From soccer goalkeeper to 2-way football player, Jeannette senior does it all in the fall

Wednesday, August 17, 2022 | 4:35 PM

Making up for lost time he can’t get back, Mitchell Steele III plans to give everything he has to his senior football season at Jeannette.

It’s all or nothing for the two-sport athlete who regrets not donning shoulder pads sooner in his high school career.

“Man, I wish I had played my freshman and sophomore years,” Steele said. “I wish I could re-class. But I can’t (dwell on that). I know I have to do something big this year.”

“Trey” is his nickname, but Steele has played a lot more than three positions. A soccer goalkeeper who initially was rounded up to be a kicker, the 6-foot, 197-pound Steele took a tour of the offense and defense last year.

Mostly out of necessity, he played tight end, right tackle, middle linebacker, safety and defensive end.

This year, while nothing is etched in stone, he is primed to line up at right tackle and defensive tackle.

And he will remain the kicker and punter for the Jayhawks, who are coming off a rare, down season that saw them win just one game (1-9).

“They needed me to kick; the coaches recruited me,” Steele said. “One thing led to another and all of the sudden, I’m at tight end, safety, all over the place.”

Steele said last season is fading fast in the team’s rearview mirror. New coach Tom Paulone and a young staff have brought a positive vibe while they try to patch cracks in the foundation of the WPIAL’s winningest program (767 wins).

“We don’t even think about that,” he said of 2021 when Jeannette’s lone win was a 28-7 victory over Riverview. “Yes, we took a big hit. But the new staff has us on the right path.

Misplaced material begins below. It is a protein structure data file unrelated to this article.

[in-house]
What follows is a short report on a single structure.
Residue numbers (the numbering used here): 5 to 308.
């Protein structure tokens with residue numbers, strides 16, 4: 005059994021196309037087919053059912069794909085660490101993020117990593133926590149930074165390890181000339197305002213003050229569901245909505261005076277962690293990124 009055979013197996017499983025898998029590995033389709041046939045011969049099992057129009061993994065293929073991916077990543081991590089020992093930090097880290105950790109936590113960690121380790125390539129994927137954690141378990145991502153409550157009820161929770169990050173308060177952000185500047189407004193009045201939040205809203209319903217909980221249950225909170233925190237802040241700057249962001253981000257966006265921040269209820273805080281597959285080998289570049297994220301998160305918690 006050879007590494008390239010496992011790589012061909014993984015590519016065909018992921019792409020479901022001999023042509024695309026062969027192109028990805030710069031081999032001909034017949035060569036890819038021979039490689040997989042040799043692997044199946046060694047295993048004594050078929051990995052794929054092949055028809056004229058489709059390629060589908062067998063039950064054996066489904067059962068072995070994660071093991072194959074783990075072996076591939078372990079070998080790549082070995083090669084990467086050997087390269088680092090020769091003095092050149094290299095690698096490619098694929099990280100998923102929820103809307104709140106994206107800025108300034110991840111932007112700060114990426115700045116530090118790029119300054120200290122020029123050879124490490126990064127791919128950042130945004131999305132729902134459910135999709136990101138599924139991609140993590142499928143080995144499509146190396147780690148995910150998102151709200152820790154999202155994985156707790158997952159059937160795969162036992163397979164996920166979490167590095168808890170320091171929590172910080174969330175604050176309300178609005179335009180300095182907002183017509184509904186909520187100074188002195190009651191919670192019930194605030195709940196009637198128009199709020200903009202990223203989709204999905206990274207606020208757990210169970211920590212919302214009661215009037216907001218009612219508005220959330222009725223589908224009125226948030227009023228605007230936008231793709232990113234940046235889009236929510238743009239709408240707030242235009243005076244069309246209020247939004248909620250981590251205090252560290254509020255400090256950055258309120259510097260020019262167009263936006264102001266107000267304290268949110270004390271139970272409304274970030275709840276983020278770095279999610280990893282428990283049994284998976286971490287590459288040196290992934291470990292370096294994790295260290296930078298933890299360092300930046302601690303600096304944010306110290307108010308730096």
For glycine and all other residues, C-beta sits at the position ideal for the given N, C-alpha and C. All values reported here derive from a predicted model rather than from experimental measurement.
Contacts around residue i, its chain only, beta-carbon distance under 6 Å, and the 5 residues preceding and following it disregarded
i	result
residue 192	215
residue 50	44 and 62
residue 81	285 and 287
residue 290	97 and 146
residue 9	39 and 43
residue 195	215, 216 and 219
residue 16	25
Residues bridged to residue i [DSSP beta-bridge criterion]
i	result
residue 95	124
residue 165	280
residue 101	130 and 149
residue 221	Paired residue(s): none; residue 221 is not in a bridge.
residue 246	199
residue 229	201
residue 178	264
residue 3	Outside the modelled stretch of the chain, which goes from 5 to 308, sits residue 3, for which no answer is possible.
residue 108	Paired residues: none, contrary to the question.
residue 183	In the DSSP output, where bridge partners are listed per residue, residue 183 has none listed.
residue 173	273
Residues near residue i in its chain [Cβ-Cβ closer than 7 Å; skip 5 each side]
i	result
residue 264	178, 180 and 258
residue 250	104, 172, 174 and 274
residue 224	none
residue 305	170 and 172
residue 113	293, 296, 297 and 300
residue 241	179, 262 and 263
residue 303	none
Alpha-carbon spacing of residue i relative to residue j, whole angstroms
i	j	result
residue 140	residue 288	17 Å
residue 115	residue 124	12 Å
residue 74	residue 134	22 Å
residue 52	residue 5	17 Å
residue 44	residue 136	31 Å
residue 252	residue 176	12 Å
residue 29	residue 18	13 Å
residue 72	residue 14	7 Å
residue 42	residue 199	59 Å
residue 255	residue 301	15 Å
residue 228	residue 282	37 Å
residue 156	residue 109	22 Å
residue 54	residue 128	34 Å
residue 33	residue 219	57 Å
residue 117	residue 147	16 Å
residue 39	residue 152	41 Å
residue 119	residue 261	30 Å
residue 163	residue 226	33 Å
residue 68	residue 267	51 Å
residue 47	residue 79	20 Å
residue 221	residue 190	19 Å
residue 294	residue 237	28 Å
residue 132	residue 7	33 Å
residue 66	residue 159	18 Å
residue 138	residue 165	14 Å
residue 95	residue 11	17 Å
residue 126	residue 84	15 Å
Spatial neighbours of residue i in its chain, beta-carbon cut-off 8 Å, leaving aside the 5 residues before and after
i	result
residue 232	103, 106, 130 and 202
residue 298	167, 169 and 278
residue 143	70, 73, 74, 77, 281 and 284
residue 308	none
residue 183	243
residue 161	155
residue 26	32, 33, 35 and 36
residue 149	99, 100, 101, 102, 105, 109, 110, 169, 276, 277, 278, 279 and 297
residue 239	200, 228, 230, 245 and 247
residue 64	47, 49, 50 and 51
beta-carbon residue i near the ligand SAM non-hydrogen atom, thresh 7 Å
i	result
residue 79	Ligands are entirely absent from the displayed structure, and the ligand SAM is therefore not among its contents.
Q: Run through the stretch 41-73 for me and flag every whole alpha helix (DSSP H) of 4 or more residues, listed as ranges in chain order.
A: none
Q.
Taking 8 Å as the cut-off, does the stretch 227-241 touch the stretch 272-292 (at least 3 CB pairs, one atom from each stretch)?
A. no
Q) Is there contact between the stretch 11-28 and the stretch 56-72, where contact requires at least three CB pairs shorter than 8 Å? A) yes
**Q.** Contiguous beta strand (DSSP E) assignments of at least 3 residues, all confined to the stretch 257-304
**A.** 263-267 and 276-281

“Our goal is to prove people wrong.”

Paulone immediately saw Steele as a natural leader.

“He is one of the guys who attracted me to taking this job,” Paulone said. “He is a leader, and he brings things you can’t coach. He’s one of our pillars.”

The most interchangeable piece in Paulone’s puzzle, Steele could move around even more.

“With situational football, who’s to say you’re locked into what you have?” Paulone said. “I know our line coach, Jose Estevez, embraced the challenge of working with him on the line. But who knows where he might play as the season goes on and things happen.”

A sports medicine student in the school’s vocational and technical education training program, Steele said he gets his competitive drive from his father, Mitchell, who played football at Jeannette before attending St. Francis (Pa.).

“He didn’t push me to do anything,” the younger Steele said. “I always talk to him about football and he helps me with everything off the field.”

The 2022 fall season will once again be a delicate balance for Steele, who has high hopes for the soccer team. The Jayhawks are playing up in Class 2A after making the Class A playoffs last year.

“The coaches work with (athletic director) Adrian (Batts) to figure out a practice schedule that can work for me,” Steele said. “Last year, there were many days when I would leave football practice and head up the hill to soccer camp. I enjoy doing both sports.”

Bill Beckner Jr. is a Tribune-Review Staff Writer. You can contact Bill by email at or via Twitter .

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